Shakespeare did it. Richard III was not a homicidal maniac killing young princes. He was an able king. The movie Fatherland presents an alternate history where WWII never happened, Hitler is an able leader and JFK is an aging US President. It all works well because it had a purpose. History did not quite suit the needs of the story, so history changed. ...


13

Imagine the Nurse is a lesbian. In WW2 and in the military she wouldn't be "out", but it isn't like lesbians did not exist back then. Her fiancé is a ruse; I know single lesbians that still wear a wedding ring, an easy way to shut down male inquiries. I will also note, not all lesbians are butch, there are many degrees of femininity in lesbians; gay terms ...


12

If you don't want to do the research --and I sympathize with that --then you are not writing ABOUT a historical event, you are writing INSPIRED by a historical event. In that case, you and your readers would be best served by you presenting your story consistent with what it really is. So don't write about the Holocaust in Nazi Germany, write about "The ...


11

This is a good case for those little out-of-character sideline blurbs at the top of each new chapter (don't know the english word - often printed in italics and blatantly not from the perspective of the main story). For example: Chapter 5 - The Big Feast The personal table fork was most likely invented in the Eastern Roman (Byzantine) Empire, where ...


11

...usage has caused modern speakers (I believe) to see 'thou' as more formal than 'you'. I do not think so. It is not more formal, if anything, it is archaic, or literary, or both, but you definitely should not switch the actual single/plural meaning of the words, that would be very confusing. I suggest to use ye for the plural of thou to equalize the ...


10

Have your narrator digress Describe workers building a house in ancient Rome, tie it into the story later, to let it look like a Checkov's gun, then put in some historical facts integrating them into the narrative. Talk about forks, "which would later disappear until the late renaissance". Annotate your book When writing about something you know to be ...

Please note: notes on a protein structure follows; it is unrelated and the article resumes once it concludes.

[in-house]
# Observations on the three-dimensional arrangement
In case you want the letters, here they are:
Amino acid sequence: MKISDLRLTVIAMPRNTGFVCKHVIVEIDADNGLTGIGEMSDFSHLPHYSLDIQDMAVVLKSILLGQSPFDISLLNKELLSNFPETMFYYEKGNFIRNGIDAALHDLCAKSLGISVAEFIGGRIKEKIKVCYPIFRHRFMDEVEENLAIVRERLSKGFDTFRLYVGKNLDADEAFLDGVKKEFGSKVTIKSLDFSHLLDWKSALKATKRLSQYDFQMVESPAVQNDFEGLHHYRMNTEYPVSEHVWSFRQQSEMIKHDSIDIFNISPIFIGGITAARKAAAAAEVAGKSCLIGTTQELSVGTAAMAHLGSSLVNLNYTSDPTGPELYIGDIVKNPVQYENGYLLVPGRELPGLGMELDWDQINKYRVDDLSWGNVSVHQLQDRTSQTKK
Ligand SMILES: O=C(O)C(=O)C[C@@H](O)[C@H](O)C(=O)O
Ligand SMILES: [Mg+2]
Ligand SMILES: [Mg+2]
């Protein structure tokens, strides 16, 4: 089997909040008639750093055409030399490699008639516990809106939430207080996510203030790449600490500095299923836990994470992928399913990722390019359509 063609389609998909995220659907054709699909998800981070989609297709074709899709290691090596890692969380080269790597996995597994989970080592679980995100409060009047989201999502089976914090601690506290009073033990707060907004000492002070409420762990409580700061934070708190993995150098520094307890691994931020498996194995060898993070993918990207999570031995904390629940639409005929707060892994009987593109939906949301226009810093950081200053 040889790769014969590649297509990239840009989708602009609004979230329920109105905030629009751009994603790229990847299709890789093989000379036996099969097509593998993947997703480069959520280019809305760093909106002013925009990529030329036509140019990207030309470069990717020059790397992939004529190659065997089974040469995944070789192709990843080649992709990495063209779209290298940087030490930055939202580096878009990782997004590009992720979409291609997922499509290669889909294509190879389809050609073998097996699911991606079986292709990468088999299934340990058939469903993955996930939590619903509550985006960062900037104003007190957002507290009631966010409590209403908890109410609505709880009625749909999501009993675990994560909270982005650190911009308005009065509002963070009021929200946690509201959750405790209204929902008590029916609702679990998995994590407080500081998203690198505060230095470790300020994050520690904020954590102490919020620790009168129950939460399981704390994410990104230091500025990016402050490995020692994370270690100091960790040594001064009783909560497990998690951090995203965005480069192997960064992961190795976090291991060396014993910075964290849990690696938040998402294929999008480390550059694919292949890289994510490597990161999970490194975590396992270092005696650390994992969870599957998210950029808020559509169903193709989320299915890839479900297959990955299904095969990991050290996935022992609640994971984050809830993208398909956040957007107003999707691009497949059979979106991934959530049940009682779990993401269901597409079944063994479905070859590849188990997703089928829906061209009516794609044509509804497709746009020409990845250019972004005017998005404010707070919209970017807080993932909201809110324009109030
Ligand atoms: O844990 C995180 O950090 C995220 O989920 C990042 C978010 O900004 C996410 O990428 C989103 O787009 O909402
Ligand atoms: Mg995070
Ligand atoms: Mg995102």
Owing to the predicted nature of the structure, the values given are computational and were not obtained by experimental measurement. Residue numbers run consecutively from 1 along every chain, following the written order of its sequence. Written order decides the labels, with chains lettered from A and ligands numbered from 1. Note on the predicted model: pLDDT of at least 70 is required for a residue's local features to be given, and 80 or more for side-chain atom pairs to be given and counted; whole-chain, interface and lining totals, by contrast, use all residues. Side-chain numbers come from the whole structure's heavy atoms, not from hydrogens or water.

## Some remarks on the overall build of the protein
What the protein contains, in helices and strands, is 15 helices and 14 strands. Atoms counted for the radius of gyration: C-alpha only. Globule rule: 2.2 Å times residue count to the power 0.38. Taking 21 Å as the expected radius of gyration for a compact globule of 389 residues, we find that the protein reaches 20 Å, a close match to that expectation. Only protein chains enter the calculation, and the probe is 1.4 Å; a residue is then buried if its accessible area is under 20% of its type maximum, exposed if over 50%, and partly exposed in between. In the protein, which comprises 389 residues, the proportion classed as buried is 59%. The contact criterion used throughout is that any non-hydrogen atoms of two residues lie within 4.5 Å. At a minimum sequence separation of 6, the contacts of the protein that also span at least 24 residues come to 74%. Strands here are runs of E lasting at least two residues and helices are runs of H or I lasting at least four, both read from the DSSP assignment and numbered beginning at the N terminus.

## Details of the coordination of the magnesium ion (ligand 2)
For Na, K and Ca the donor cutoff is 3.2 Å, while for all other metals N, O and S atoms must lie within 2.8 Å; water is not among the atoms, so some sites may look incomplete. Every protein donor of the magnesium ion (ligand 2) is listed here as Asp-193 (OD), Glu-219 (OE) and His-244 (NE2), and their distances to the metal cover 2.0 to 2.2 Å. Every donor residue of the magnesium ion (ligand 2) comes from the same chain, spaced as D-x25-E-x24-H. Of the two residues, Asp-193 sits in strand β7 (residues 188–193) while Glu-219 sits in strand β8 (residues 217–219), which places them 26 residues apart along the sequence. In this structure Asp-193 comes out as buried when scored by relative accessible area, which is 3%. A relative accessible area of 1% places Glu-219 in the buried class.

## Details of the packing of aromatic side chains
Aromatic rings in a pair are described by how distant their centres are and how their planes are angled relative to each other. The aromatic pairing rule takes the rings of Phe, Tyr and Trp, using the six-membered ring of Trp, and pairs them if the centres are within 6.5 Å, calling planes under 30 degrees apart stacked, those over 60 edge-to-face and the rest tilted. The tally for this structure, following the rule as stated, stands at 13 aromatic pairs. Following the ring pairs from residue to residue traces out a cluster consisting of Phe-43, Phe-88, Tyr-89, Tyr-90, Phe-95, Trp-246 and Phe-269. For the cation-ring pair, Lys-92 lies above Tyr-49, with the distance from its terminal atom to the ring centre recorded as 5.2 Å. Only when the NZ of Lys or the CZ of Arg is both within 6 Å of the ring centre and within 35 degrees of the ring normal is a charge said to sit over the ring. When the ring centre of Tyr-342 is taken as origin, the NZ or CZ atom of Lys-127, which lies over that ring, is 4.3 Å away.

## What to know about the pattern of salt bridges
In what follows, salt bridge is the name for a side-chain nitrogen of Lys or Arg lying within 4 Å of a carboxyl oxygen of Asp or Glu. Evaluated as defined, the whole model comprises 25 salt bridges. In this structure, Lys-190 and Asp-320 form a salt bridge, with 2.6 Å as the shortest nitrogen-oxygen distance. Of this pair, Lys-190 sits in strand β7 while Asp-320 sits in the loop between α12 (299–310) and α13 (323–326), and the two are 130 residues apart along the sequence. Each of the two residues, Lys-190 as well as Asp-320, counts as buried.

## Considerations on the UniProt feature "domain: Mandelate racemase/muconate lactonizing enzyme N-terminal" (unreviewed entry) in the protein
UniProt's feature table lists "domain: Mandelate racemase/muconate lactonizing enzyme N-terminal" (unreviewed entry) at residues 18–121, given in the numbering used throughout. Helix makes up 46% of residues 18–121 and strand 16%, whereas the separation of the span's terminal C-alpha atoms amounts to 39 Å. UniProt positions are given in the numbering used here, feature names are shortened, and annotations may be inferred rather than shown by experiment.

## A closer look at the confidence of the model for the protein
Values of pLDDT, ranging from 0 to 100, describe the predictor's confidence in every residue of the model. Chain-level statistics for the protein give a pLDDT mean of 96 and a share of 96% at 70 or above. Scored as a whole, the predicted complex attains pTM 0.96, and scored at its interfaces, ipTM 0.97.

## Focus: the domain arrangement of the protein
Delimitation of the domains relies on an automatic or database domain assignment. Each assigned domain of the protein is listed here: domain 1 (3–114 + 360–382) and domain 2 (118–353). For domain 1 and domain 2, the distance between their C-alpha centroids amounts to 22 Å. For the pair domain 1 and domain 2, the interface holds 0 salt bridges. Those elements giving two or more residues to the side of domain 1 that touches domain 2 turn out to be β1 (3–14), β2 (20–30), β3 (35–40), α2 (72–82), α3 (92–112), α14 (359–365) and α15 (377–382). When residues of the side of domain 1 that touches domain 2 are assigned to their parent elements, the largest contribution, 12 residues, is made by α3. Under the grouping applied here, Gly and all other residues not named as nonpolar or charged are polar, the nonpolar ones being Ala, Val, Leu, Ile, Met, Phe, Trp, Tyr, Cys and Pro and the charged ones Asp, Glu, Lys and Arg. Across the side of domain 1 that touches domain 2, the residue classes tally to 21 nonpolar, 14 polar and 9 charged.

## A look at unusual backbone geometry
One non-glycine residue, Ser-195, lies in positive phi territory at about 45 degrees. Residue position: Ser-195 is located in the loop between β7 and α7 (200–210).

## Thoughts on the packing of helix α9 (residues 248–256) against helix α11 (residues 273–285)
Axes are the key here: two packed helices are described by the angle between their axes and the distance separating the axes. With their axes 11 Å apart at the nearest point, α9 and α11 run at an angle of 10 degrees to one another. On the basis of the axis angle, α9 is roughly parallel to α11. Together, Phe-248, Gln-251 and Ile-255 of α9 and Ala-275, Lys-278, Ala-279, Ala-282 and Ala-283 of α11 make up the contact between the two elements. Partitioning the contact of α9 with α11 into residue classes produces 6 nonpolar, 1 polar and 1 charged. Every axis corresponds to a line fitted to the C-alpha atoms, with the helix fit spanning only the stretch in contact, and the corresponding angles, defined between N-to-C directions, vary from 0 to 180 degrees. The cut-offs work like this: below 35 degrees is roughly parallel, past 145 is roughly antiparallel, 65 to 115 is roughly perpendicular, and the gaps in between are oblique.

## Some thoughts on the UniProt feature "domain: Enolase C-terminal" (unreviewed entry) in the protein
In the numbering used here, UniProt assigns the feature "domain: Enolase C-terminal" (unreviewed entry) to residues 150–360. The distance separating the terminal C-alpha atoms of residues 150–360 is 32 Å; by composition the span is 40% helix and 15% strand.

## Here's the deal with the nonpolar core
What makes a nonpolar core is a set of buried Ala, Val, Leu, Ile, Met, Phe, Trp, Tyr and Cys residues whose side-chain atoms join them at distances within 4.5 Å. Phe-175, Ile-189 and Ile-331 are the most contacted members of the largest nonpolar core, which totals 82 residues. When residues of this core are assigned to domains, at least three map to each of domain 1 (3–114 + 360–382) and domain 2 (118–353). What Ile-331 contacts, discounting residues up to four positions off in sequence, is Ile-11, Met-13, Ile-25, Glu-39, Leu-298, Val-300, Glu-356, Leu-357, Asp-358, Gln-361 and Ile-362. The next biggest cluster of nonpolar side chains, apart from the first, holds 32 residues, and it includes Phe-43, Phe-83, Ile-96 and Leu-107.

10

It's not "history" but rather "geography" that determines whether you should use kilometers or miles. If your characters are German or Russian, use kilometers, because that's what they use, even today. (Depending on the time, e.g. Tolstoy in the 19th century, a Russian might use "versts", which are just a bit more than a kilometer.) On the other hand, if ...


10

Your proofreader felt disturbed because there may be some inconsistencies in your story. I'll point my finger against the fact that you changed some country names. This - per se - is not a problem, but it does depend on a lot of different factors. Let's review. In an alternate-history story, it's totally legitimate changing some details in a way that suit ...


10

The first thing to remember is that realism is just a style. If historical accuracy is hurting your story, let it go. Even historical fiction isn't "history." In particular, it can be enough to hint at alien value systems without wallowing in them --enough to give the flavor of the times, but not enough to make the whole thing distasteful. To be blunt, ...


10

If you want to write HISTORICAL fiction. The history is a prerequisite. I absolutely agree with all of the comments about causing offense and being just respectful (especially given the magnitude and the cultural/ Historical/ emotional significance of the Holocaust). Additionally, from a purely writing perspective, you need to truly understand a place and ...